Heroic Peace: Saint Elizabeth of Portugal


This past week I’ve enjoyed the company of Saint Elizabeth of Portugal, thanks to Lisa Hendey’s A Book of Saints for Catholic Moms: 52 Companions for Your Heart, Mind, Body, and Soul.  Lisa’s beautifully arranged book provides a gentle, yet thoughtful look at fifty-two saints every Catholic mom should have at her side.  Complete with each saint’s biography, patronage, and traditions surrounding his or her legacy, the book provides a heartfelt reflection on the relationship between the week’s saint and today’s Catholic mom as well as daily scriptural reflections on a theme central to the life of the particular saint and activities for moms and families to help call to mind the saint’s heroic example.  I had intended to read it in its entirety last week but couldn’t bear rushing through the chapters, wanting so much to use the whole week getting to know my saintly friends better.

It was Saint Elizabeth of Portugal who had especially caught my eye and heart this past week by her most heroic love.  Lisa Hendey writes that before she had even turned thirteen Saint Elizabeth, herself from a royal family in Sargossa, was married to King Denis of Portugal.  Known for her charity and piety, Saint Elizabeth strove to live out her faith by attending daily Mass, praying the Divine Office, and caring for her family while also reaching out to the poor in her community.  King Denis, on the other hand, while supposedly encouraging her in her efforts, repeatedly had affairs and even fathered children outside of their union.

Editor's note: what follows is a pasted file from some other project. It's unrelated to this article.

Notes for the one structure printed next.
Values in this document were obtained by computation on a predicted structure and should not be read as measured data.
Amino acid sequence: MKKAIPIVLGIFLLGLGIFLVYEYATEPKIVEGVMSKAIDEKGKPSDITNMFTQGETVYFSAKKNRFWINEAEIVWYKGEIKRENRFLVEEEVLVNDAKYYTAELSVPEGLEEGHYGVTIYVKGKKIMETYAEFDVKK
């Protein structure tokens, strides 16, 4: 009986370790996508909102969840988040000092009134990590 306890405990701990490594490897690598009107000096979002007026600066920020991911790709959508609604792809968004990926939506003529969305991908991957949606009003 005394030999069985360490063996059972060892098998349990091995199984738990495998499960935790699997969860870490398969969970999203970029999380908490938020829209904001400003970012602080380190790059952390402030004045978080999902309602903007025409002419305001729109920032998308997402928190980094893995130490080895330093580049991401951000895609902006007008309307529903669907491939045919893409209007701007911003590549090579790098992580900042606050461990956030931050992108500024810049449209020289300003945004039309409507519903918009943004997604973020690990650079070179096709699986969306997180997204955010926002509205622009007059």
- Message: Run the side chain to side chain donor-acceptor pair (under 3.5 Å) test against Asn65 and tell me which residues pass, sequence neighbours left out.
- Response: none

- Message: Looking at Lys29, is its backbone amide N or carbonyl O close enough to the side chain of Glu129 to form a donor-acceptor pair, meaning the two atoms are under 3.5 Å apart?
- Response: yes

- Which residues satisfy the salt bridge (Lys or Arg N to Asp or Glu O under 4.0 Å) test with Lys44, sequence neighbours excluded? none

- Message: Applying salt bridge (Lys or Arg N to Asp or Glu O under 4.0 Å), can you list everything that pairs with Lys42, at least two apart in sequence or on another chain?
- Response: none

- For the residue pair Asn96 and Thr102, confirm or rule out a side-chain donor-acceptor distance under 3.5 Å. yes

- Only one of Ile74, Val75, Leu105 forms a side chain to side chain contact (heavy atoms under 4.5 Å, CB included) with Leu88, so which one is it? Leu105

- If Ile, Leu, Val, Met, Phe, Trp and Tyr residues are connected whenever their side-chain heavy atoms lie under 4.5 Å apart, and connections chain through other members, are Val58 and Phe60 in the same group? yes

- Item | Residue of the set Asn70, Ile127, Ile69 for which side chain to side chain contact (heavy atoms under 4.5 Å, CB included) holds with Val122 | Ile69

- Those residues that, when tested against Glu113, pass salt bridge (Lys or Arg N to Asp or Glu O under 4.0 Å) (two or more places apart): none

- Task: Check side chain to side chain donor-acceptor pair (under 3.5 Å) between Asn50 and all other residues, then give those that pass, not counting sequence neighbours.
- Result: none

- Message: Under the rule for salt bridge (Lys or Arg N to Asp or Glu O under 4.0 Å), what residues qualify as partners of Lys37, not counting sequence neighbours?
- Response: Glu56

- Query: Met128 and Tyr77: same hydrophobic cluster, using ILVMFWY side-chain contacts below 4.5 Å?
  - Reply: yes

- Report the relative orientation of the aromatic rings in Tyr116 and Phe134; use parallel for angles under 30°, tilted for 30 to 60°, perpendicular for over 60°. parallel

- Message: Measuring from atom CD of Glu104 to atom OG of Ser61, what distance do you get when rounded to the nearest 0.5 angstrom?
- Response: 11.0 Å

Saint Elizabeth, ever faithful to her Lord, played the part of peace-maker in this difficult family atmosphere.  Lisa writes, “Elizabeth was born into a family divided by political battles.  She went on to watch the same problems erupt between her husband Denis and her own son, Alfonso IV. She was able to barter a truce between a man who had repeatedly cheated on her and fathered illegitimate children, and the son who felt his father was playing favorites with his undeserving half-brothers”(p. 52).

Truly deserving of sainthood, Saint Elizabeth “rose above the embarrassment and pain she surely felt” and cared for her children and the children born to King Denis from his affairs.  She respected his leadership of the kingdom, and took care of him during the final sickness that would lead to his death.  Her lifelong prayer for him was finally answered at his deathbed, when he experienced conversion.

Lisa notes that Saint Elizabeth, whose patronage includes peace, against jealousy, and brides, can be a powerful intercessor for wives who are finding it difficult to love their husbands and for mothers who are confronted with the realities of divorce or separation in the family.  Lisa writes:

For those moms who face the unique challenges of pulling together new family traditions, working with other adults in cooperative parenting situations, and dealing with the stress of scheduling and interpersonal issues, Saint Elizabeth can be a special intercessor when everyday life feels complicated or overwhelming.  Women facing marriage difficulties, separation, or divorce have shared with me their devotion to this matriarch whose faith saw her through domestic trials and helped her sustain her family life (53).

I pray that Saint Elizabeth might be with us all during Holy Week, interceding on our behalf so that we might be real instruments of peace in our families.  And I thank Lisa for the true treasure that is her book—a gentle reintroduction to our most faithful friends, the saints.

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Copyright 2012 Meg Matenaer


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